Following gene editing milestone, bioethics professor ventures into CRISPR minefield

In the face of a gene editing breakthrough this week, Insoo Hyun, an associate professor in the Department of Bioethics at Case Western Reserve University talked about CRISPR vs. preimplantation genetic diagnosis to help couples select healthy embryos.

Researchers in the U.S. and South Korea have shown that gene editing can correct a genetic disorder in an embryo. Using CRISPR-Cas9, they repaired mutated MYBPC3 genes, which can cause hypertrophic cardiomyopathy (HCM). People with HCM are at greater risk for sudden cardiac death, heart failure and other cardiovascular issues.

On a basic research level, this is a tremendous milestone, but it also frames the ethical and practical dilemmas that accompany germline gene editing. For example, was HCM the right choice?

“I was a little disappointed at the condition they tried to edit out because it’s not a super serious one,” said Insoo Hyun, an associate professor in the Department of Bioethics at Case Western Reserve University in a phone interview. “This one raises your risk, but there are ways to clinically manage it.”

Hyun, who also spoke at the MedCity CONVERGE conference this week, noted that, given the potential for controversy, the researchers might have chosen a graver condition, such as Huntington’s disease.

“As far as proof of principle, it wasn’t an ideal case where someone could say: Yeah, this is a really controversial area, but could be genetically or ethically justified because of the dire circumstances,” said Hyun.

While the study does prove the concept, there are also questions about its practicality in a clinical setting. The scientists introduced CRISPR and fertilized the eggs simultaneously to avoid generating cells with different genotypes. Hyun is concerned that, by correcting the mutation before fertilization, they had no idea which embryos might have carried it. Their process makes the fix regardless of whether the embryo needs fixing.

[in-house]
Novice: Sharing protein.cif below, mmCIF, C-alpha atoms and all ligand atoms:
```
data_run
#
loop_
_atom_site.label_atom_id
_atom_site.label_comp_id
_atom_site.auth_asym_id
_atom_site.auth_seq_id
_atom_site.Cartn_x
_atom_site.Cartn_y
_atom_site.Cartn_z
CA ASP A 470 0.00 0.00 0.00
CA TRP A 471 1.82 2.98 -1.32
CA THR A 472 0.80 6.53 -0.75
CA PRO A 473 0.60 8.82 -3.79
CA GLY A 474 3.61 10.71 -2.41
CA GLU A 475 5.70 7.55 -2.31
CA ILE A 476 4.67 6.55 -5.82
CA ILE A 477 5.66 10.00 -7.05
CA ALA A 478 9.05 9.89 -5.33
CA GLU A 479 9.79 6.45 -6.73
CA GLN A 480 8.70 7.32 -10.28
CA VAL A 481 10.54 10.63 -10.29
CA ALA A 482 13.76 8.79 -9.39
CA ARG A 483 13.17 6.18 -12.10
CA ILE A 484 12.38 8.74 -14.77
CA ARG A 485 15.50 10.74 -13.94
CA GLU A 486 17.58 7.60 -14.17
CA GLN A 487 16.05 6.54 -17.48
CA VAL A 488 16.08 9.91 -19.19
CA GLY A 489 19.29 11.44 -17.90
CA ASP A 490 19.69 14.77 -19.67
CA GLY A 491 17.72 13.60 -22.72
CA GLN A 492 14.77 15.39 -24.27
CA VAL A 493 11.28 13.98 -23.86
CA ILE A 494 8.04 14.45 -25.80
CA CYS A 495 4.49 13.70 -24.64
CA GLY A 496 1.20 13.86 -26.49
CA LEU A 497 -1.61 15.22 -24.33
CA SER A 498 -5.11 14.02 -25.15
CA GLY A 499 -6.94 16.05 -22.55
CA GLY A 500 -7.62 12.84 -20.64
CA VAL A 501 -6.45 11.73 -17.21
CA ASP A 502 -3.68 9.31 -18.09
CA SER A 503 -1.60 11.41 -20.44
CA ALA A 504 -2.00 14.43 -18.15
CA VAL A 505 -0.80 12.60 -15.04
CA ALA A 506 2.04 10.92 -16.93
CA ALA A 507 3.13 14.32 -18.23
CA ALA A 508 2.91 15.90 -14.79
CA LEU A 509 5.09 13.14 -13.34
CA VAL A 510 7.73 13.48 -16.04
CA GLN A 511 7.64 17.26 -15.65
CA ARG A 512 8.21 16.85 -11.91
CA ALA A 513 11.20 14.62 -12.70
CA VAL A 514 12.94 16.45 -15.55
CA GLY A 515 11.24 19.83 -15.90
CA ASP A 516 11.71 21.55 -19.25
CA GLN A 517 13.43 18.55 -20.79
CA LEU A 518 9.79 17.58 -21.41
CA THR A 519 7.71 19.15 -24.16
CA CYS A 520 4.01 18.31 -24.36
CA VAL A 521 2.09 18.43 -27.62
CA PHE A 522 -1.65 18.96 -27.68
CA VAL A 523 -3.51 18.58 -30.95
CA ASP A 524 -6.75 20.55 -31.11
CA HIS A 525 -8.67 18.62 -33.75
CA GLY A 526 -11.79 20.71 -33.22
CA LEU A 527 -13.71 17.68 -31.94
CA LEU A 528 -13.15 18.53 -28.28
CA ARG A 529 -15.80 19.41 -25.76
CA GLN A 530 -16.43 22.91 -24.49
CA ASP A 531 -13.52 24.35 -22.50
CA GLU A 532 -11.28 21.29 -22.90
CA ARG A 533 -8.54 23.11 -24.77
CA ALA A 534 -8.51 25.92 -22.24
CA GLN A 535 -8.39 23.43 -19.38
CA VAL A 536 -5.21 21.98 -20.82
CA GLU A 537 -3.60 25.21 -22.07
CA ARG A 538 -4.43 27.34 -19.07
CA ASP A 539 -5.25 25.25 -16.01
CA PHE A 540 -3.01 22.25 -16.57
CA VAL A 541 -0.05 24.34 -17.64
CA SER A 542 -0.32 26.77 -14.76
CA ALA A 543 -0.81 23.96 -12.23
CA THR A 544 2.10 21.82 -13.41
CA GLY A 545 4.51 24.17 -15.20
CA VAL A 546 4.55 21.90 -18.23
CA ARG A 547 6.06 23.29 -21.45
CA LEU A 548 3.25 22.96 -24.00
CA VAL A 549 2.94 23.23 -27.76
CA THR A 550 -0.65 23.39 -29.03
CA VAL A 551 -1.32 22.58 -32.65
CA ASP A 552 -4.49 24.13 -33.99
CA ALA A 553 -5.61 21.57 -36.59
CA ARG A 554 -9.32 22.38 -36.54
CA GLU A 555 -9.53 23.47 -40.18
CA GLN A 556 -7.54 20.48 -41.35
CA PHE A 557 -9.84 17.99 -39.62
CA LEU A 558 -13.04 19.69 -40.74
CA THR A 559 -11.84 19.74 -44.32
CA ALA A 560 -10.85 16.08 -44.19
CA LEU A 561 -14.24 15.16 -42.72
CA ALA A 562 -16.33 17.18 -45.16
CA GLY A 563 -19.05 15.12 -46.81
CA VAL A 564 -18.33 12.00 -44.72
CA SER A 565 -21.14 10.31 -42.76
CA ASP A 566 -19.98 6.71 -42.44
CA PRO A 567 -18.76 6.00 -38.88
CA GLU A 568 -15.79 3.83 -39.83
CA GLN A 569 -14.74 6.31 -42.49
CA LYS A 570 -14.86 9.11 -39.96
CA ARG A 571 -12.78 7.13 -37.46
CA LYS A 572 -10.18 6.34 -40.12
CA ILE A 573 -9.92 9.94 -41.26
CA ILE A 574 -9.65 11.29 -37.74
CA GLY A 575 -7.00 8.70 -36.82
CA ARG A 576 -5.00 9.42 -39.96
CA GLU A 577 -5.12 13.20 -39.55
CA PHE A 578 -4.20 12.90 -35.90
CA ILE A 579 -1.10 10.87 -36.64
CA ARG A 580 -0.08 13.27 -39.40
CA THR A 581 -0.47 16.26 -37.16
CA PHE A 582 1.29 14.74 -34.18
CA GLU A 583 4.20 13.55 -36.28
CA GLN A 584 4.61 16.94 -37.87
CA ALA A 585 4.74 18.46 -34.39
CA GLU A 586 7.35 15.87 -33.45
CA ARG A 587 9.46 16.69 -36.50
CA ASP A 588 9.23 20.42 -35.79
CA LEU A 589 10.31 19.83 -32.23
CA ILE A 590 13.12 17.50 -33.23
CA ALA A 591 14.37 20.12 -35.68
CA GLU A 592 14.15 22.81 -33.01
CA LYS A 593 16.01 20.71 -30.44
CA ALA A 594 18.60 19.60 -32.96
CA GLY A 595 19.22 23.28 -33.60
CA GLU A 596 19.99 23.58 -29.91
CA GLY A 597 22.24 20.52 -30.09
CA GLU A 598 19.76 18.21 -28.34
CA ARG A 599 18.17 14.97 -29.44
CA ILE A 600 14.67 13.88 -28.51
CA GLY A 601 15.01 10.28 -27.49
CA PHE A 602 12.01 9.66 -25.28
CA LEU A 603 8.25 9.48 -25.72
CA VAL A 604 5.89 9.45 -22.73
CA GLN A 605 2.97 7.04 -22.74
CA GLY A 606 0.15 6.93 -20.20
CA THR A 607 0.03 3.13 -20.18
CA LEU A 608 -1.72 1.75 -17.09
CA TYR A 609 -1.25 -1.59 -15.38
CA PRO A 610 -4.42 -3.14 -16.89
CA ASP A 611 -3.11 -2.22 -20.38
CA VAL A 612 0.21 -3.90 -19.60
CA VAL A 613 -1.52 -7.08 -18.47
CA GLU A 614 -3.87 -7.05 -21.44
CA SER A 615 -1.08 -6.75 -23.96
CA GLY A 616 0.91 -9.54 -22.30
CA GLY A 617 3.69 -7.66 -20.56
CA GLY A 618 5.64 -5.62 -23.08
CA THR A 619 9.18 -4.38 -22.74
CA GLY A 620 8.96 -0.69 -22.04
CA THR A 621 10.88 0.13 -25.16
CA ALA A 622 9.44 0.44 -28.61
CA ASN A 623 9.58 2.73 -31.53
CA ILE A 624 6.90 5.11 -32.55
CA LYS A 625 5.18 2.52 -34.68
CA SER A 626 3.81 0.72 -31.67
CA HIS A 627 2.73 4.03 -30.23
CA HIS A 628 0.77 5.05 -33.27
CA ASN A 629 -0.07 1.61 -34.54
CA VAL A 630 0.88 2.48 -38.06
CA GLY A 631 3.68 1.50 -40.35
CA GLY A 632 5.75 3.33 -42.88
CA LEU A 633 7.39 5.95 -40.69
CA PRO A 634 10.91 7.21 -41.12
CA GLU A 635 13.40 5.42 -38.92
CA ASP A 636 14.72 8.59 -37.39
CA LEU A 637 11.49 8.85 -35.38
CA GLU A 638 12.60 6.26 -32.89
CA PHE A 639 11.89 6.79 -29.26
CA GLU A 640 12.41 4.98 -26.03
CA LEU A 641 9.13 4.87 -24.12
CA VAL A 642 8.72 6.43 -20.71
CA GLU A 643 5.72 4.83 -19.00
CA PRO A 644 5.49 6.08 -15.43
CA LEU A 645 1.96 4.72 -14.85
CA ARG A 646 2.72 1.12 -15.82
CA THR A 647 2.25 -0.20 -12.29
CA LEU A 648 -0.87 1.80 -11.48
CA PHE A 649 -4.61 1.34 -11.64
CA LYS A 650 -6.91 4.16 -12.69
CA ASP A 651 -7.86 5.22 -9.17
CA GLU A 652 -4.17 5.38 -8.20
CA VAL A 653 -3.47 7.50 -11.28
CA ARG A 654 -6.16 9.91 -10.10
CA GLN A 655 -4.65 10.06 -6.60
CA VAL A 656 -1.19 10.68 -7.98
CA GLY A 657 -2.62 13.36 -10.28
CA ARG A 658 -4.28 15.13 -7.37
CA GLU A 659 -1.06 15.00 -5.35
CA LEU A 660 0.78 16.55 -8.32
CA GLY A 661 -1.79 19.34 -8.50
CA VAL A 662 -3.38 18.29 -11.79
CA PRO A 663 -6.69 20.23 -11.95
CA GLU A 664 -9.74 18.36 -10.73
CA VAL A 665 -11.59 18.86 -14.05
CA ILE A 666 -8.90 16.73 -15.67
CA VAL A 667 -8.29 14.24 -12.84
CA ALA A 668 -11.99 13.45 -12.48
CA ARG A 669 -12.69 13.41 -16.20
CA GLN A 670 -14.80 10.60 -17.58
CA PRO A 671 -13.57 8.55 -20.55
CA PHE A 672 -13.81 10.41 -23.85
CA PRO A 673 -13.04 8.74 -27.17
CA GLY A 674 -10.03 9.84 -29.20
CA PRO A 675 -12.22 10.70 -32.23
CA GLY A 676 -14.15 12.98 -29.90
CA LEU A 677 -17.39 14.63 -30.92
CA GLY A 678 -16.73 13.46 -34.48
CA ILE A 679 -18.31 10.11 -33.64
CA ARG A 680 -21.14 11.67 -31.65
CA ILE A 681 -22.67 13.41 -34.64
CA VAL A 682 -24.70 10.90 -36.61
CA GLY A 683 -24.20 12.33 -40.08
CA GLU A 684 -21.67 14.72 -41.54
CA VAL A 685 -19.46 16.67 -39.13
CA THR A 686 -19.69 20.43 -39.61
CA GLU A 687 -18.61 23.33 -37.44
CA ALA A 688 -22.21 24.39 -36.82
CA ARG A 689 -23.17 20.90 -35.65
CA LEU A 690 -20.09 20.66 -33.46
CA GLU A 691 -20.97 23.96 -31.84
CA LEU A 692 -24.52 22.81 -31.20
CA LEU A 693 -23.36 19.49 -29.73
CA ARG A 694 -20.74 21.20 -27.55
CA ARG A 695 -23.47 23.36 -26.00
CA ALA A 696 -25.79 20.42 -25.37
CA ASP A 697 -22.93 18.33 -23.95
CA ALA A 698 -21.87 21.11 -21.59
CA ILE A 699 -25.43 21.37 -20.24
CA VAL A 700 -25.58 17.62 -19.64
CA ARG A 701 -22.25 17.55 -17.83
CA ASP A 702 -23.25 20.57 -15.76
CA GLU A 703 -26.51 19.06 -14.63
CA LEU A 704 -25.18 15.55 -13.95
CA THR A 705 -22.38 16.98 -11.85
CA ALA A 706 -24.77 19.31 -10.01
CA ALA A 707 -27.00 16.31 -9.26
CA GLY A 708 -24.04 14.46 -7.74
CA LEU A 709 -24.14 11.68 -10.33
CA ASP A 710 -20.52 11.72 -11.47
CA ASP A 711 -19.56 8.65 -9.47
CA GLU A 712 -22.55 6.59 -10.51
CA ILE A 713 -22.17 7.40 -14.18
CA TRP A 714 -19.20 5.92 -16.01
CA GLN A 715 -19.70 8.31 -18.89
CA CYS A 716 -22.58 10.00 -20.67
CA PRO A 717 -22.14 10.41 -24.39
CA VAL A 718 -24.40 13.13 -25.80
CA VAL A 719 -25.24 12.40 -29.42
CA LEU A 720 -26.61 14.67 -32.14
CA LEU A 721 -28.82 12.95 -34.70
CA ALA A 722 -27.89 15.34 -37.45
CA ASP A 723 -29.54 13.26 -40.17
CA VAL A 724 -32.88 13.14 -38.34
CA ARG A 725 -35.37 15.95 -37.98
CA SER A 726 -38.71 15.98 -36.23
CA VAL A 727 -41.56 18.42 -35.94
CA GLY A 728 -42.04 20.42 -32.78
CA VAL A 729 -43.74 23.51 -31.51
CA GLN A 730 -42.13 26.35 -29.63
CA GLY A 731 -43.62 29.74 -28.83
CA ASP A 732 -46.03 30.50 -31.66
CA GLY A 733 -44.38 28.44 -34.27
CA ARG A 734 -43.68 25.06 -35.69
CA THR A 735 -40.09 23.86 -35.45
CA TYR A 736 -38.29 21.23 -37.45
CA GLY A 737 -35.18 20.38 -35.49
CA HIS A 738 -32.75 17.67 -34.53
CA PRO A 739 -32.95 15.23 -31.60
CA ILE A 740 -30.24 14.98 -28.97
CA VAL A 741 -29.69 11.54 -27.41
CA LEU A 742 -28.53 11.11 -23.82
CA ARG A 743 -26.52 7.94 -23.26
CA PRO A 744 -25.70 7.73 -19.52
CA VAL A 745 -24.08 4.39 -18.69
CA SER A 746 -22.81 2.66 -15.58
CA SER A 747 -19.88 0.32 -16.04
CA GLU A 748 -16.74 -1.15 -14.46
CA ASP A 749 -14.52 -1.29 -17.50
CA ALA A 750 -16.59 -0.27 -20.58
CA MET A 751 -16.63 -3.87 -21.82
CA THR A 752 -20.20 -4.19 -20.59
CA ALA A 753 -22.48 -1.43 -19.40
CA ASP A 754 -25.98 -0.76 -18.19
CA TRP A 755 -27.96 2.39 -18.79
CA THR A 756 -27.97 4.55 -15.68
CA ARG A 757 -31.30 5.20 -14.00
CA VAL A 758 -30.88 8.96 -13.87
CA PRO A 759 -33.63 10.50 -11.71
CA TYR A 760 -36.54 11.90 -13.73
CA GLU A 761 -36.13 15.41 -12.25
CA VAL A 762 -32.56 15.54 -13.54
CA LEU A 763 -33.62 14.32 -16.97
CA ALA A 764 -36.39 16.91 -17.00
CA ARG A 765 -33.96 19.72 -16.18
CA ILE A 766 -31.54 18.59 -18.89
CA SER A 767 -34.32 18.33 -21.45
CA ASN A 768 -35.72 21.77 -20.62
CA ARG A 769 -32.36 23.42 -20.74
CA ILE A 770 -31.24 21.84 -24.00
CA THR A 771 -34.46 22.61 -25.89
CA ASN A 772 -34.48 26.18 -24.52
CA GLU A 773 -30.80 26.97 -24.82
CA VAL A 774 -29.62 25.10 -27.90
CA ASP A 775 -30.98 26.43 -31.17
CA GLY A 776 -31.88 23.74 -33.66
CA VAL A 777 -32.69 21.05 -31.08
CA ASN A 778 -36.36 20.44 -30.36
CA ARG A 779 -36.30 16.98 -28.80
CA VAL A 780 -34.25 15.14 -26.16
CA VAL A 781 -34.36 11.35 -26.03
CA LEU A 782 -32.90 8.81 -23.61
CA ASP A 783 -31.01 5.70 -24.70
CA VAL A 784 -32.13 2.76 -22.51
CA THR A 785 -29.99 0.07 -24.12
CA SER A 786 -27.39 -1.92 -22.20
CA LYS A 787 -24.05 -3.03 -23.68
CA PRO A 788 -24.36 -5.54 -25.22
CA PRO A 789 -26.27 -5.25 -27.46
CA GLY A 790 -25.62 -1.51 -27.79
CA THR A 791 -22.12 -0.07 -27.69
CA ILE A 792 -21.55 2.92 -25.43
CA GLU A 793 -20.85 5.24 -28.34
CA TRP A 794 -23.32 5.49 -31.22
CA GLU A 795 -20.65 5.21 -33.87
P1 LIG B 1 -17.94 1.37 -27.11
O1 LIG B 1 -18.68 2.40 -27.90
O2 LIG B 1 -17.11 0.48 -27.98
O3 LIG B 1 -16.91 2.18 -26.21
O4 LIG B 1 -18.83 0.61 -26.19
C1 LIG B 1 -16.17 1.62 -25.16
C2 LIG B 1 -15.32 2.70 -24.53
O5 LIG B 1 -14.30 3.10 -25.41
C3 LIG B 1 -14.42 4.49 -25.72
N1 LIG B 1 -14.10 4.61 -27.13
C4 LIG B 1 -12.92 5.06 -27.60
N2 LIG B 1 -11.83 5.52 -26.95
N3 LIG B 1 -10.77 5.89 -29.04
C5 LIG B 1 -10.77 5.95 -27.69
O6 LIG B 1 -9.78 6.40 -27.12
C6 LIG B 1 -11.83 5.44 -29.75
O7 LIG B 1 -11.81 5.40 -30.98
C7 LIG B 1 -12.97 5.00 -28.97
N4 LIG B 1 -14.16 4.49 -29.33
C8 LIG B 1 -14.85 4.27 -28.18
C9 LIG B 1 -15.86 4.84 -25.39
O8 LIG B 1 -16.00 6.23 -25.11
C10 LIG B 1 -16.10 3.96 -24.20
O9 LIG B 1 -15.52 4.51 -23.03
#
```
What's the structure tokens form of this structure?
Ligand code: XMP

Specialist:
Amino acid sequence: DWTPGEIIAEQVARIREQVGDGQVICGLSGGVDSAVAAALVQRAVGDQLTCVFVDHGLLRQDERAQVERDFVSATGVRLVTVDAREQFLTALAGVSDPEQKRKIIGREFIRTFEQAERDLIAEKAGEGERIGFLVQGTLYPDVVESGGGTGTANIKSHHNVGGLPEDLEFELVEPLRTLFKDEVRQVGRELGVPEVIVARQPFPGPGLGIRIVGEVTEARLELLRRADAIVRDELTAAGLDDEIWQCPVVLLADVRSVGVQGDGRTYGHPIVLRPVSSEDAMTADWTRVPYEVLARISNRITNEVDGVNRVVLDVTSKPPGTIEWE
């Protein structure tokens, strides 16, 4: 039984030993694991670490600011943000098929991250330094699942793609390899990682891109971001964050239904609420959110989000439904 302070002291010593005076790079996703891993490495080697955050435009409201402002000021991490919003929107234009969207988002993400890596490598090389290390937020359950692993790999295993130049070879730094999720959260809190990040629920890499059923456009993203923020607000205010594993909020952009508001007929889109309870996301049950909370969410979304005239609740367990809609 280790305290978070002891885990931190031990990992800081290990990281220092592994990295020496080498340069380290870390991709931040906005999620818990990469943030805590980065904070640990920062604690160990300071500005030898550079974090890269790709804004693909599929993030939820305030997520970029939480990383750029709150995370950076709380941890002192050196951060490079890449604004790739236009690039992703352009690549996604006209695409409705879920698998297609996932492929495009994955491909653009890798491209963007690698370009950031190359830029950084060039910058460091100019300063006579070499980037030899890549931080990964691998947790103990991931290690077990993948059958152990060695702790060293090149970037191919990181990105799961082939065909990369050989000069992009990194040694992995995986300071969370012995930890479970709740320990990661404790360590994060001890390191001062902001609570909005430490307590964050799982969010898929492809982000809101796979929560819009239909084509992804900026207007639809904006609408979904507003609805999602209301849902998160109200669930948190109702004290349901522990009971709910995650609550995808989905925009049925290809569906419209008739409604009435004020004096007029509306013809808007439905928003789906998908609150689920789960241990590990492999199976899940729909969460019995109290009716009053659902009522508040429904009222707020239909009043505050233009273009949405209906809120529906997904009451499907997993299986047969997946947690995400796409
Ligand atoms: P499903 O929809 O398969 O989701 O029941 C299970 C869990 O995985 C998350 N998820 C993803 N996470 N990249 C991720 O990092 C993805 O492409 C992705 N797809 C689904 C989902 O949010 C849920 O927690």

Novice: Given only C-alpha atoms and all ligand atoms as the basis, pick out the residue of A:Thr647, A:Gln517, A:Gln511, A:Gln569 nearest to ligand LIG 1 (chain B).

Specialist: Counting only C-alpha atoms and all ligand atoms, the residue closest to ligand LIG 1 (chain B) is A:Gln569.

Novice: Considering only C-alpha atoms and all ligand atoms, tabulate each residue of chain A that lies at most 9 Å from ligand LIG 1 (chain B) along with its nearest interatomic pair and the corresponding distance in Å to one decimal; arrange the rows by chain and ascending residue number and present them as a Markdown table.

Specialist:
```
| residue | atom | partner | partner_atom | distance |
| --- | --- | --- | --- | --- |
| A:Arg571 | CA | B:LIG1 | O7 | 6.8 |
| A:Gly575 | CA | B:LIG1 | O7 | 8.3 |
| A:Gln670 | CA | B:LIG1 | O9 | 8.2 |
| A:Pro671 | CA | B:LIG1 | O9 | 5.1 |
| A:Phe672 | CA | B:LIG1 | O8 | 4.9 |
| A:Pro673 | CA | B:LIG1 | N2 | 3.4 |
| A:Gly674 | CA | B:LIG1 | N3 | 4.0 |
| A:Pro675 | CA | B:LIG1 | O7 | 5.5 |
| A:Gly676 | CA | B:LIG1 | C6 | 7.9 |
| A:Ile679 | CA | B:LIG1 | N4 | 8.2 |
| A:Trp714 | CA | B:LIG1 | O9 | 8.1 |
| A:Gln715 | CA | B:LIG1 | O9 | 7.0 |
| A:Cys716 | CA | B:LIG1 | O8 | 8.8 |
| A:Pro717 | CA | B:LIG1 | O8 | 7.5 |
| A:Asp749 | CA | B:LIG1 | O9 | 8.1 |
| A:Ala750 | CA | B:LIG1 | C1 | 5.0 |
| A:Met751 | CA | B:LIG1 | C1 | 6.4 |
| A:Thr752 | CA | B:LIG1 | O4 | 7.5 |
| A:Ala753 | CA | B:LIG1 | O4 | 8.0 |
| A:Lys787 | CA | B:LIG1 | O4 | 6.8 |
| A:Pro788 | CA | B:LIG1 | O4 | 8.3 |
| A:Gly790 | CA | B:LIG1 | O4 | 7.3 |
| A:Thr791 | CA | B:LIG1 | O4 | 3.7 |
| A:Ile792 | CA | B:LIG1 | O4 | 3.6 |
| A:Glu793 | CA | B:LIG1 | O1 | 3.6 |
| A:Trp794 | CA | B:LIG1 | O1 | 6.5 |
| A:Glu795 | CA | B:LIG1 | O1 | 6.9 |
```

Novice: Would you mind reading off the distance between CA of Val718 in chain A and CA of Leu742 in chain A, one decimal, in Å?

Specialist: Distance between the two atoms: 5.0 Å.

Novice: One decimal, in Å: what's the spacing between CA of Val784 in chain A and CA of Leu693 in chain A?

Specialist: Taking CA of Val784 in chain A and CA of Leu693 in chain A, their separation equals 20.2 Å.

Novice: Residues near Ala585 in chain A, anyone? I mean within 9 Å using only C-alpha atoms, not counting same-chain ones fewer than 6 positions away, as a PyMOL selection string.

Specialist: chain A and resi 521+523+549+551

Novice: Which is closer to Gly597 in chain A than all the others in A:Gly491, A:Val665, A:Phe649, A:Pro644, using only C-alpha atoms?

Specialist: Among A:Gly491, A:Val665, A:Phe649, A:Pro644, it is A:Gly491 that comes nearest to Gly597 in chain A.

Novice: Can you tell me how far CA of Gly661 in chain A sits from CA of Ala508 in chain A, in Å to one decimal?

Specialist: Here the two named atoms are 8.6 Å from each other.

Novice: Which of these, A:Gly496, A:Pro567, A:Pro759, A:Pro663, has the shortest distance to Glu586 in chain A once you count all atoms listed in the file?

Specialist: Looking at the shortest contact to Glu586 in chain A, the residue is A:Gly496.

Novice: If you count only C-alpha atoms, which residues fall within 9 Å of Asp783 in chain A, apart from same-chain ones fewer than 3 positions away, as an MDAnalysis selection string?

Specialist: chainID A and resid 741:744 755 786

Hyun questions the practical advantages of using CRISPR to repair these embryos, when an existing technology – preimplantation genetic diagnosis (PGD) – could more easily help couples select healthy embryos. Given that roughly half of the embryos in this scenario would be healthy, PGD could be used to select those for implantation and clinicians could ignore the ones with HCM mutations.

“Whenever you do your edit, at some point you have to do preimplantation genetic diagnosis to see your research results,” said Hyun. “If you’re looking at diseases and can use PGD to see your results, why wouldn’t the couple just use PGD? If this were a disease that every embryo was going to be affected, or one so horrible that even the slight risk PGD could be wrong and you could implant affected embryos is too high, that would be a different case. None of that is true of this condition.”

There are also stringent guidelines regarding embryo creation and destruction. Researchers cannot use federal funds to make embryos for research or implant modified embryos for clinical trials. Given that the paper provides instructions to make these modifications, some might take their work to other countries to escape regulatory oversight.

“We do know from the mitochondrial transfer work that researchers have recruited people in New York City and done the research in Mexico,” said Hyun.

Ultimately, the ability to create additional healthy embryos may not be enough payoff for such a rigorous approach.

“This kind of editing research is very valuable for basic developmental biology and disease research. If you want to understand how genes control development, then this is a good scientific methodology, but not if your overall need is to create a new reproductive technique.”

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